Hey guys! So I’ve been interested in MHP investing for quite some time now, and in the light of everything going on, they seem to prove even tougher as an asset class than ever before (in a good way), with massive loads of people losing their jobs and searching for bottom-line affordable housing.
So with that being said, if you’d be willing, I’d be interested to hear how others got started in the business. Details of the first deal, successes, failures, etc. Feel free to share whatever you’d like!
First deal: Glenhaven, Dallas, Texas. Bought for $400,000 with $10,000 down and seller carried $390,000 for 30 years. Sold for around $1.5 million about seven years later. Lessons learned from that deal:
1) Don't buy master-metered gas (when it failed I solved it by bringing in propane tanks).
2) Manage master-metered electric very carefully (didn't even know what it was until the whole power system lit on fire one day).
3) No pay/no stay is the only way to go on collections. Nothing else works.
4) Inject a "pride of ownership" into your residents with immaculate common areas and they will take the ball and run with it.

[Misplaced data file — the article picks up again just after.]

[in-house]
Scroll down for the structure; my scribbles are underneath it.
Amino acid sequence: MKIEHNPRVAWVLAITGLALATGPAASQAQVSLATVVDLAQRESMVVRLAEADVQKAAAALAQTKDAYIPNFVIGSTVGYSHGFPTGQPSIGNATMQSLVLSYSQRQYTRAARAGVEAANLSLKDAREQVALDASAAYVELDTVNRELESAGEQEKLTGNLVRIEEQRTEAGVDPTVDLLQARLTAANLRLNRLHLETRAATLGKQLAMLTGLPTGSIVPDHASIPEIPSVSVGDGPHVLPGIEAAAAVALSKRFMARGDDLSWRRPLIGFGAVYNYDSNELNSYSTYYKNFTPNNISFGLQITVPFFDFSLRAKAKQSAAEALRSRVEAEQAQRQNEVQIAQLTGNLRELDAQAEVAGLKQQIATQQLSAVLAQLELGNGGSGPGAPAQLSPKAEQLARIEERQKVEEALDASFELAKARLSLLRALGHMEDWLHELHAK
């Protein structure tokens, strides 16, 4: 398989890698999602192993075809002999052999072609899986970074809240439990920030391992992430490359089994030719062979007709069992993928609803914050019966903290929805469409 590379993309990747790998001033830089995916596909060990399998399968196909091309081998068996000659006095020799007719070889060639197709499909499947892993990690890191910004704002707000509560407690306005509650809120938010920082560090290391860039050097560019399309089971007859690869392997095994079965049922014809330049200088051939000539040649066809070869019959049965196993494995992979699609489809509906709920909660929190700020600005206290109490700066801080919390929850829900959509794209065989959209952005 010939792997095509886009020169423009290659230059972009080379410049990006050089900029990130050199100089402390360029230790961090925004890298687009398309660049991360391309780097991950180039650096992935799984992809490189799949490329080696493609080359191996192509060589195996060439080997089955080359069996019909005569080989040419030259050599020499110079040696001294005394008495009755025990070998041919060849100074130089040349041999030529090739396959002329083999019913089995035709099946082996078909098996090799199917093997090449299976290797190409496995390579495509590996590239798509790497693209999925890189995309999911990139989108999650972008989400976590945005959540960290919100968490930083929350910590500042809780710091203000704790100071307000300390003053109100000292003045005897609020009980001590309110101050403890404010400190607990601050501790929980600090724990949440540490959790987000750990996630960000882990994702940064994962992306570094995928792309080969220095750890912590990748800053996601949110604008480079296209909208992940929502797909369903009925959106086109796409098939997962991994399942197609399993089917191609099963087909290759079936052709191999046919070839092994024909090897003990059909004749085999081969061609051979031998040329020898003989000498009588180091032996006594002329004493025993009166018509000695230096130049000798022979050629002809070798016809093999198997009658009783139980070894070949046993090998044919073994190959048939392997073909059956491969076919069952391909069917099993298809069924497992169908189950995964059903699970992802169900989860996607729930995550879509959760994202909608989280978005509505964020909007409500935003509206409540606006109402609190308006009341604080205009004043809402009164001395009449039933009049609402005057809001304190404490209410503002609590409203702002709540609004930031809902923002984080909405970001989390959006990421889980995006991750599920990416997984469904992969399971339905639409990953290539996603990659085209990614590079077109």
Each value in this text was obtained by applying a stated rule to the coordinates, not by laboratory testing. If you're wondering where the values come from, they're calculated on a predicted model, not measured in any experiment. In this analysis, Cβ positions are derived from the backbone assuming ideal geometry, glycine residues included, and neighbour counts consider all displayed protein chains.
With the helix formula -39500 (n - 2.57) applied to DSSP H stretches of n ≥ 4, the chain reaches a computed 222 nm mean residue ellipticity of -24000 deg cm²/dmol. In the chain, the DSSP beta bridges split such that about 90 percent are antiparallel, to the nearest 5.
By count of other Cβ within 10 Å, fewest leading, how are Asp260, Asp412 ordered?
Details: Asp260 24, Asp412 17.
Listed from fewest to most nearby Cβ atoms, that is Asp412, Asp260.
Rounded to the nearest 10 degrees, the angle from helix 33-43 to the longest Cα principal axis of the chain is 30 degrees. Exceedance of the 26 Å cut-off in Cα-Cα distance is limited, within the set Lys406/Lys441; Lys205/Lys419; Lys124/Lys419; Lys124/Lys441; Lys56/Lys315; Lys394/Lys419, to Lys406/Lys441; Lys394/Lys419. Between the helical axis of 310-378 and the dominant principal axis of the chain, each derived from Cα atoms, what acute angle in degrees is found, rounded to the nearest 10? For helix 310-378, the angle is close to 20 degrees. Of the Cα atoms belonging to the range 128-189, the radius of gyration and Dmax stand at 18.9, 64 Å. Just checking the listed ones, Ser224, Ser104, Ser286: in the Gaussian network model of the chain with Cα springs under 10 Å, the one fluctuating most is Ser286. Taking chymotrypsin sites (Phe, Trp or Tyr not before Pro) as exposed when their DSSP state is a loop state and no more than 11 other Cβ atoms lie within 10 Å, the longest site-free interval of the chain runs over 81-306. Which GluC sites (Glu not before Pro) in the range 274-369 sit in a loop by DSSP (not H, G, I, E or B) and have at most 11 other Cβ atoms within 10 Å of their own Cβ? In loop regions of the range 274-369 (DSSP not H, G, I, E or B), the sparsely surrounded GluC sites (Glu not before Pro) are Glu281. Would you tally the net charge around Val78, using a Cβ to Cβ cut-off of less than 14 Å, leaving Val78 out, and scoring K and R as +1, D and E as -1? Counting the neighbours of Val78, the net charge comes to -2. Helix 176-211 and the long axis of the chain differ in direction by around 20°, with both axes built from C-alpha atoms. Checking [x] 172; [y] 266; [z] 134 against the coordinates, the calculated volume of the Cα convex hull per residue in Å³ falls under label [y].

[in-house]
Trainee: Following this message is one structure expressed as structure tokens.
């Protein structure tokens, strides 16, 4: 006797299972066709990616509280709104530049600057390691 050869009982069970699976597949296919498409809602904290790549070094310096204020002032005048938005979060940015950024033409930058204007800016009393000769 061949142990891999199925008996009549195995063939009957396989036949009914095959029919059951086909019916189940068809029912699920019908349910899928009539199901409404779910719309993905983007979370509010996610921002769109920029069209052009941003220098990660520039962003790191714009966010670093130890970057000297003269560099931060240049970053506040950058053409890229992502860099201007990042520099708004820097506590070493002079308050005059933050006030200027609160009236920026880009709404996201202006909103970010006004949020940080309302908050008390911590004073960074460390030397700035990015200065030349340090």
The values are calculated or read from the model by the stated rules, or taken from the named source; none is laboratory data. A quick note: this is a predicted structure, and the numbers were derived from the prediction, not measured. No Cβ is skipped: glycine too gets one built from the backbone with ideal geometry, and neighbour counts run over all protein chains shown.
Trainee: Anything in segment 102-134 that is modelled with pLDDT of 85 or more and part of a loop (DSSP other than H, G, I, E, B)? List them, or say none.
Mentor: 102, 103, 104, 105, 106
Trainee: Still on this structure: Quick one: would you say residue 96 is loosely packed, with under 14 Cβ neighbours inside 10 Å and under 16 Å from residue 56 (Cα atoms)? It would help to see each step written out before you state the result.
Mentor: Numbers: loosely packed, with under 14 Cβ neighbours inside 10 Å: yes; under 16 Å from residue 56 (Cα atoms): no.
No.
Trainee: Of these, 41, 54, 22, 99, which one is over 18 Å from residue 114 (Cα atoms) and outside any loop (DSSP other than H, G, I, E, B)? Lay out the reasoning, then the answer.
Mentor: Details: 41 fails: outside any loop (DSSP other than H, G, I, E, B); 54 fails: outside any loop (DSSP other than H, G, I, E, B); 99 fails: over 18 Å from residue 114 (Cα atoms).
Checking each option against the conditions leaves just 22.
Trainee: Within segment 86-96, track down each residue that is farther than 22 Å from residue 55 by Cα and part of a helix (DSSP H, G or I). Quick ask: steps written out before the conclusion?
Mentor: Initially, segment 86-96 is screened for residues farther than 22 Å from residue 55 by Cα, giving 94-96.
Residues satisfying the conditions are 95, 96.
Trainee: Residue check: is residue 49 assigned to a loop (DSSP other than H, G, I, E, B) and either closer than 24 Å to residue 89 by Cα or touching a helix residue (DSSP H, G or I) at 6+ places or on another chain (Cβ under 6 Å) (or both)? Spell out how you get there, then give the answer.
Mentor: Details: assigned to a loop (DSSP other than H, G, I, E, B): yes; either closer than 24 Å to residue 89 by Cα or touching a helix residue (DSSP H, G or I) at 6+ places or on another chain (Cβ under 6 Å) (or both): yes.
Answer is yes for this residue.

5) Don't let city officials push you around -- find a good municipal lawyer and your problems are suddenly solved.
6) A successful mobile home park is like a high-density subdivision in which the neighbors watch out for each other and have a strong sense of community.
7) NEVER rent mobile homes -- sell them at whatever price you can get and focus STRICTLY on the land rent.
8) Smart owners copy what other successful park owners are doing verbatim and bad owners try to be pioneers.
9) Think like a lender and you will always be successful (my happiest moment was when I got a conduit loan on Glenhaven as that confirmed that all my steps had been correct).
10) Don't listen to your friends, family and peers when you buy a mobile home park as they will all say you're nuts.
@Frank Rolfe Thanks so much Frank! I heard your BP podcast episode and also have checked out MHU! It’s awesome to hear from someone as successful as you.